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The many confusions and disputes in COVID-19 insurance settlements

The many confusions and disputes in COVID-19 insurance settlements

a man standing in front of a door: The many confusions and disputes in COVID-19 insurance settlements

© Venkatasubramanian K
The many confusions and disputes in COVID-19 insurance settlements

Abhishek Bondia

“Make sure you assess your viral load based on the CT value,” Biocon’s Kiran Mazumdar Shaw suggested in her blog about ways to manage COVID-19 after successfully recovering from the illness. The Hindu was quick to declare shortly after Shaw’s blog was published that there is “no correlation between CT values and COVID-19 severity.” Such contradictions have been a hallmark of this evolving pandemic. Similar confusion has prevailed in several parts of insurance delivery. At times, this has compounded the issues for the policyholder, who is battling a relatively less understood illness, the social issues attached to it, and limited supply of proper care.

Confusion despite clarification

At the onset of the pandemic, the insurance regulator clarified that all standard health insurance policies cover COVID-19 and asked for insurers to be extremely cautious before rejecting a COVID-19 claim. However, several issues emerged despite such a broad clarification. Would hospital quarantine be covered under insurance, if you are not tested positive but suspected of COVID? Is a claim admissible if a COVID-positive patient is hospitalized to ensure the condition does not deteriorate, but the line of treatment is conservative? Insurance policies generally do not reimburse expenses incurred for observation purpose. If a patient chooses to be treated at home instead of getting hospitalized, would the expenses be reimbursed? In policyholders’ minds, home treatment leads to lower outgo for the insurer. So, they have a commercially rational expectation to have at least the reduced expenses reimbursed. But, in most policies, a minimum 24 hours of hospitalization is required for a claim to be accepted.

Scarcity premium

Scarcity of hospital beds, which resulted in price increases, has been another major source of customer dispute. Several hospitals have unilaterally increased

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USOPC Suing Insurance Carriers for Allegedly Delaying Larry Nassar Settlements | Bleacher Report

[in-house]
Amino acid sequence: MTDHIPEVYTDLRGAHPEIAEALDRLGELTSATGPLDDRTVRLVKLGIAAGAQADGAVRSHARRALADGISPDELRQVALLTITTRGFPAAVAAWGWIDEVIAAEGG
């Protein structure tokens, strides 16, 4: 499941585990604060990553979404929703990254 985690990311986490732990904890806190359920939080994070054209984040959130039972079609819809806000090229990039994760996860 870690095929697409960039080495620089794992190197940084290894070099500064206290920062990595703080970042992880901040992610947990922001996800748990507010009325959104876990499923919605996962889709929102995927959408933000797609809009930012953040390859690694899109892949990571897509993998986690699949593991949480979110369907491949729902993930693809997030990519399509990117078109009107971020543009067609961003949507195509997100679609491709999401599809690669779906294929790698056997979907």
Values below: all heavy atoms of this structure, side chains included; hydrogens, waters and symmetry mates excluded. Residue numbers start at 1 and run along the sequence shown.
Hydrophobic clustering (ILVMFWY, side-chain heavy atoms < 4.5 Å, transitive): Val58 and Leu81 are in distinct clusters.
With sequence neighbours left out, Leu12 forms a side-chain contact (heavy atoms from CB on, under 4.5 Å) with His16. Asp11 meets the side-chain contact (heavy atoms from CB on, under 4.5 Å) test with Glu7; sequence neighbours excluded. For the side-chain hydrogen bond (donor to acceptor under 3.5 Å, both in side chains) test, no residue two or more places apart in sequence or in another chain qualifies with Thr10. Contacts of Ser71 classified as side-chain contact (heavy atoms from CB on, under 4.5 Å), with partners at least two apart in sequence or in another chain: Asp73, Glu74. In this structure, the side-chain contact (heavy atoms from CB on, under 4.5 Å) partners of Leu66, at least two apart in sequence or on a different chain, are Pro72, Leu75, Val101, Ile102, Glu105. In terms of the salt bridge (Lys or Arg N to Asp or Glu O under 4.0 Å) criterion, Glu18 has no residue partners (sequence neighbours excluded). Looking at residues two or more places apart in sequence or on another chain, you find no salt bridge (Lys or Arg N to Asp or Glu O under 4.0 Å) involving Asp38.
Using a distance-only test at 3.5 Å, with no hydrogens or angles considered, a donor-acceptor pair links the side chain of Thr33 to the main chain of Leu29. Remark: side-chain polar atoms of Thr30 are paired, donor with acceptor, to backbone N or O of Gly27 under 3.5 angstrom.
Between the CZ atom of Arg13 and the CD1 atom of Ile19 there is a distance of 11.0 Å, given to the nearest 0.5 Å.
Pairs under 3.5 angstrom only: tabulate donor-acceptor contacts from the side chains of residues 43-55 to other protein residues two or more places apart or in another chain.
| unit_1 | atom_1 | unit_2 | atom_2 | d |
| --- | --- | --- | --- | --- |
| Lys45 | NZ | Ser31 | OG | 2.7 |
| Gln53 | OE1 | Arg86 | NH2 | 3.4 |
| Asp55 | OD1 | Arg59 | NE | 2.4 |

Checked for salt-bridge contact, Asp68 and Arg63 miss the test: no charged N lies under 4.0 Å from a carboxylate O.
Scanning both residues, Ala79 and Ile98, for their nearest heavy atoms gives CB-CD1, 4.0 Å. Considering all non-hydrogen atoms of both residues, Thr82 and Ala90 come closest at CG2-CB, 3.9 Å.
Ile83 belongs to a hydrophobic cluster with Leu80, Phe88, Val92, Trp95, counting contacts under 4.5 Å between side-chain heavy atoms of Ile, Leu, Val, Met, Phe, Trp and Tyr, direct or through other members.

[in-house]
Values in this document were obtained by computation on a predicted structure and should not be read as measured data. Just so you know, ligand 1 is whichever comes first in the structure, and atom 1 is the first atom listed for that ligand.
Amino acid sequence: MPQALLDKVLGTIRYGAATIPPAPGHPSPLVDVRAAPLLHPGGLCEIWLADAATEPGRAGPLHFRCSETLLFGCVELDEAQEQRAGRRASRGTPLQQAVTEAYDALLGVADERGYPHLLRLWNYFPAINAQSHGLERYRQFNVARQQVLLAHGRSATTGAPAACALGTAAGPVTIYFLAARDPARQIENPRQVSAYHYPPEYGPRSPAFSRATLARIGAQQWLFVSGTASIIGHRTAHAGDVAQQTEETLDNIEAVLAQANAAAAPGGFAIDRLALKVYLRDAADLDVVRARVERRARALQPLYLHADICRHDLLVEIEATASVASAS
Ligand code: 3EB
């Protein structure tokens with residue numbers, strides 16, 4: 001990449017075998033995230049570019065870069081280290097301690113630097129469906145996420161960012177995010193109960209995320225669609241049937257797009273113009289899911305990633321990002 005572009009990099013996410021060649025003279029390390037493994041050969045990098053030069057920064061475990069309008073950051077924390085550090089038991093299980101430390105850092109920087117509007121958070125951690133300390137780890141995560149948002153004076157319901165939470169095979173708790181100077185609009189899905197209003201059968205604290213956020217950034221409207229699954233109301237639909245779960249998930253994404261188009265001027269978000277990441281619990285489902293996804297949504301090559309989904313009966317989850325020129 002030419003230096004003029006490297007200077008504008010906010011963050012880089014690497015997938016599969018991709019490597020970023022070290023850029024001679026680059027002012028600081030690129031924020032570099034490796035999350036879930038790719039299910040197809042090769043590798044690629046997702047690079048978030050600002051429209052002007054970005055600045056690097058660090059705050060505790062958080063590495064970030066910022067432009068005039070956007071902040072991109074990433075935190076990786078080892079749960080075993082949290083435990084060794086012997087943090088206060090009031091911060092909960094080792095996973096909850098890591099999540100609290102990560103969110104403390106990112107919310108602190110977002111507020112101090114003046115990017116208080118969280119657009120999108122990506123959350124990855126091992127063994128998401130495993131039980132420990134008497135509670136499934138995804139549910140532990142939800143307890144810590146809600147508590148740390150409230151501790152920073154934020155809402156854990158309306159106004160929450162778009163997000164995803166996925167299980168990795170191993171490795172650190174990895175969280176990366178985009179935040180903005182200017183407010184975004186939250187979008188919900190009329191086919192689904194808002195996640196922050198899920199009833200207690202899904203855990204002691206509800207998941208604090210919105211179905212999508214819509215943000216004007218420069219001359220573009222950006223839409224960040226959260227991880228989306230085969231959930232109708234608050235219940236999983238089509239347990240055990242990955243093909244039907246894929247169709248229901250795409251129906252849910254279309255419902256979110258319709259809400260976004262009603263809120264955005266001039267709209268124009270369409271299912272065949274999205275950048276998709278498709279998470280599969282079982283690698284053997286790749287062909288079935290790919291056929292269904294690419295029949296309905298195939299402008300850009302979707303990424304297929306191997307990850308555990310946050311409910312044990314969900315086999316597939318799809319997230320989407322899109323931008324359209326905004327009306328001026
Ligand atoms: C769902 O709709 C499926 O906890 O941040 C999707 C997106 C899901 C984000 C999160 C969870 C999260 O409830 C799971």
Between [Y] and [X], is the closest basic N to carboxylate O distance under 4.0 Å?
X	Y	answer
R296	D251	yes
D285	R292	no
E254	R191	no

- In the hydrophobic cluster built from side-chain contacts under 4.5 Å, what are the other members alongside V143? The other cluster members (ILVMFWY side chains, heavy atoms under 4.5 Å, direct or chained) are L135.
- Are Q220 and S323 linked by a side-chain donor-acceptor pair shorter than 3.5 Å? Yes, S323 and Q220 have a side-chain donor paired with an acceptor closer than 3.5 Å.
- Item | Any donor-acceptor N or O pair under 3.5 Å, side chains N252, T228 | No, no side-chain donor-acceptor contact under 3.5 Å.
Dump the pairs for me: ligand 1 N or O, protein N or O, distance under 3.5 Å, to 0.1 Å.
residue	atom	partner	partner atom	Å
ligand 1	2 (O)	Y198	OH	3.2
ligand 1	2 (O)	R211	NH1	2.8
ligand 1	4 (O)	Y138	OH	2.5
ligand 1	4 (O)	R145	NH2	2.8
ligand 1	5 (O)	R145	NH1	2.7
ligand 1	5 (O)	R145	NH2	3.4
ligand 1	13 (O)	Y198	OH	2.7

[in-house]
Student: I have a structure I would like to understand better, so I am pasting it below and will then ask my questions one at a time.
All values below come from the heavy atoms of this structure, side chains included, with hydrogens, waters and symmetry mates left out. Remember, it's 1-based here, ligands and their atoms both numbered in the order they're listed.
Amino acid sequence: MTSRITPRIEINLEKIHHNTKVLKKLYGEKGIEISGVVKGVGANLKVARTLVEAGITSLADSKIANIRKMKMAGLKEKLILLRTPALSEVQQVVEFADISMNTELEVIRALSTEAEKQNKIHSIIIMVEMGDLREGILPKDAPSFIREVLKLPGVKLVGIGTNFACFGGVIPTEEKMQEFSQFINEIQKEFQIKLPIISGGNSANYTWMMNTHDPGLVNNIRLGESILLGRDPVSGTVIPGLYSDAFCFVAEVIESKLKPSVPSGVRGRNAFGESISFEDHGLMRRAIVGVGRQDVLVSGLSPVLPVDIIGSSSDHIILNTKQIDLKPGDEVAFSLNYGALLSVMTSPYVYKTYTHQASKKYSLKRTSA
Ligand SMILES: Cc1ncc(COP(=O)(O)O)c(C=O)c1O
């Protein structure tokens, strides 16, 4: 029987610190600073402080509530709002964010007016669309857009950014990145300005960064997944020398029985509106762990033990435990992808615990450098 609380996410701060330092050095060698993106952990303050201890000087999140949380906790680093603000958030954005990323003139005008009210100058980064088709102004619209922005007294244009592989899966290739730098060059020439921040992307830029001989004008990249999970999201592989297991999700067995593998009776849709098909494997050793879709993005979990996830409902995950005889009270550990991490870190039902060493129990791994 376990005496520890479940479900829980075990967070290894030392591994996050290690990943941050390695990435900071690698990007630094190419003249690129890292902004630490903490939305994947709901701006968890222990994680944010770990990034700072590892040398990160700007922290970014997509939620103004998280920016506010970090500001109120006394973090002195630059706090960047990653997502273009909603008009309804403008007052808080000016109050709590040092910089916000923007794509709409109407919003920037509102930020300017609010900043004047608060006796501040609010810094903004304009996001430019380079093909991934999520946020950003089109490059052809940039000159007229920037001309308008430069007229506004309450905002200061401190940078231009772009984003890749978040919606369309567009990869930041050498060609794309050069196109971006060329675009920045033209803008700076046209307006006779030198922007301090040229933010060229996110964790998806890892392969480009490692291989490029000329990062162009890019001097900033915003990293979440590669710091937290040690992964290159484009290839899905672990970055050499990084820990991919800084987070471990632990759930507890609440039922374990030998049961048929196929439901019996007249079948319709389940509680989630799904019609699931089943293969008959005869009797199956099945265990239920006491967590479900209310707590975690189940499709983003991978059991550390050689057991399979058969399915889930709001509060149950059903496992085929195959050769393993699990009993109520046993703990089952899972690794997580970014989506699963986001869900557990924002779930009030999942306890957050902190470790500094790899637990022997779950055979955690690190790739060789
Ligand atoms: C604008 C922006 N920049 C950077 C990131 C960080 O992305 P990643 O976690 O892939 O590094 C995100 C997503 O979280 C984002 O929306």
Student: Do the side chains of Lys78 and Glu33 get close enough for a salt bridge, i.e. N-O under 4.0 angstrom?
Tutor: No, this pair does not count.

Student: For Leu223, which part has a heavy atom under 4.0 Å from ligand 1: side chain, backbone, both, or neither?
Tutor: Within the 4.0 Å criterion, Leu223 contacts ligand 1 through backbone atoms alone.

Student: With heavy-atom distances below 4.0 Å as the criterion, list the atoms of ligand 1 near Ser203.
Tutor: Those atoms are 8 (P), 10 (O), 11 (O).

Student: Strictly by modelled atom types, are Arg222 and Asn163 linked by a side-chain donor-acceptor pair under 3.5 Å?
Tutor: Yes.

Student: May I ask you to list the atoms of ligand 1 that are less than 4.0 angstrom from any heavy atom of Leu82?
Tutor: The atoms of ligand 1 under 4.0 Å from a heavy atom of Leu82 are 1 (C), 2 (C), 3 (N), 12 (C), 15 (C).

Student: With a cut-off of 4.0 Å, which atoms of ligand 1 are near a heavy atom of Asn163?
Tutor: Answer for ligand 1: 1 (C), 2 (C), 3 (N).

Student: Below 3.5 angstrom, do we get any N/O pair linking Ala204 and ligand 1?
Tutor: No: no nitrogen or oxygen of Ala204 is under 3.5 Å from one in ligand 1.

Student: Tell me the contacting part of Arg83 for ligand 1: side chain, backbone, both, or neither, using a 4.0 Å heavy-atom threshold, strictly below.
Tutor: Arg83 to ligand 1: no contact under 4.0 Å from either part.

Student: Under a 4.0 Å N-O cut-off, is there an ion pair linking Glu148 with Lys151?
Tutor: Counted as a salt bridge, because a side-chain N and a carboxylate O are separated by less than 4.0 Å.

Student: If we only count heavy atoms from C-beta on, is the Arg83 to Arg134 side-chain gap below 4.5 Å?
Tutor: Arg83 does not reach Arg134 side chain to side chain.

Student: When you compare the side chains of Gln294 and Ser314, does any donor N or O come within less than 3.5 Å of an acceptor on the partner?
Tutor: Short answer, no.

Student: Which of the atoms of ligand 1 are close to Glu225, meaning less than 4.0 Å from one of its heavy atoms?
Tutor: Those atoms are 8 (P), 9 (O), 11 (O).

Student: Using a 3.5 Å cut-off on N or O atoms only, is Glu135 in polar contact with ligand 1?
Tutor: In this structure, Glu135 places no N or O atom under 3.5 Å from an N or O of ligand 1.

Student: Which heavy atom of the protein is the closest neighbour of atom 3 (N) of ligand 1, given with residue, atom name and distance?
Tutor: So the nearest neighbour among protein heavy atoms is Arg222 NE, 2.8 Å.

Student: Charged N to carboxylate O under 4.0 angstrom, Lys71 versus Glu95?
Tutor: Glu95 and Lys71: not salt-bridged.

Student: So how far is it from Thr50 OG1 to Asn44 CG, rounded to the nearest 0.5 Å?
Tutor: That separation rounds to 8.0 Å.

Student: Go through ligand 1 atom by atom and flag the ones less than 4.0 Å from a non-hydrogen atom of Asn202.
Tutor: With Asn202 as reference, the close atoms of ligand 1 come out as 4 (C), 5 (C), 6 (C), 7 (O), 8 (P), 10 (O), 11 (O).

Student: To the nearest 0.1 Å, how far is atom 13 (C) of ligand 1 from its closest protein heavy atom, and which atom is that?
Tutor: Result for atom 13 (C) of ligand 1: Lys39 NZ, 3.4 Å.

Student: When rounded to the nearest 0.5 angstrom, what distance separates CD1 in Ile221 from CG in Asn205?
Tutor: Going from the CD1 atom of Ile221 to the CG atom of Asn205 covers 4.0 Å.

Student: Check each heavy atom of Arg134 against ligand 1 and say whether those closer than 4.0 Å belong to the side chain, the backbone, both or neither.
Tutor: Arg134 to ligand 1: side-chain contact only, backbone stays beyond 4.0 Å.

USOPC Suing Insurance Carriers for Allegedly Delaying Larry Nassar Settlements | Bleacher Report

FILE - In this Jan. 24, 2018, file photo, Larry Nassar, a former doctor for USA Gymnastics and member of Michigan State's sports medicine staff, sits in court during his sentencing hearing in Lansing, Mich. MSU is defending itself against a second wave of lawsuits related to Nassar but says it wants to reach a deal with the additional assault victims. MSU defended itself in a court filing Monday, Aug. 26, 2019. It says it's immune to liability for Nassar's crimes, no matter how

Carlos Osorio/Associated Press

The U.S. Olympic and Paralympic Committee reportedly filed a lawsuit in a Colorado district court on Thursday against its insurance carriers, claiming they are delaying payments stemming from the Larry Nassar sexual abuse fallout.

Nancy Armour and Tom Schad of USA Today reported the news, noting the USOPC has not reached a settlement with the more than 500 girls and young women who sued the organization and USA Gymnastics because they said they were sexually abused by Nassar or others within the sport. 

Mediation has lasted approximately a year and a half, and USOPC said the 11 insurance companies it is using have “failed to honor their promises,” which has delayed any settlement payments.

“This lawsuit seeks to have a court resolve the issues related to the insurers’ obligations, as part of our efforts to achieve a fair resolution for the victims and survivors,” board chair Susanne Lyons said.

Armour and Schad explained the lawsuits filed by the survivors against USA Gymnastics and the USOPC were put on hold in December 2018 when USA Gymnastics filed for bankruptcy, but the organization must reach a settlement agreement or the lawsuits can resume.

As part of the lawsuit against the insurance carriers, the USOPC denied responsibility for Nassar and said it took out the insurance policies so it didn’t have to pay the claims to survivors and could continue funding other athletes.

Armour and Schad also noted on Aug. 24 the USOPC joined a joint motion filed on Aug. 20 by USA Gymnastics and the survivors that said the insurance carriers were stalling settlement negotiations “for their own economic benefit.” 

In 2018, Nassar, who was a former USA Gymnastics and Michigan State University physician, was sentenced to 40 and 175 years in prison.

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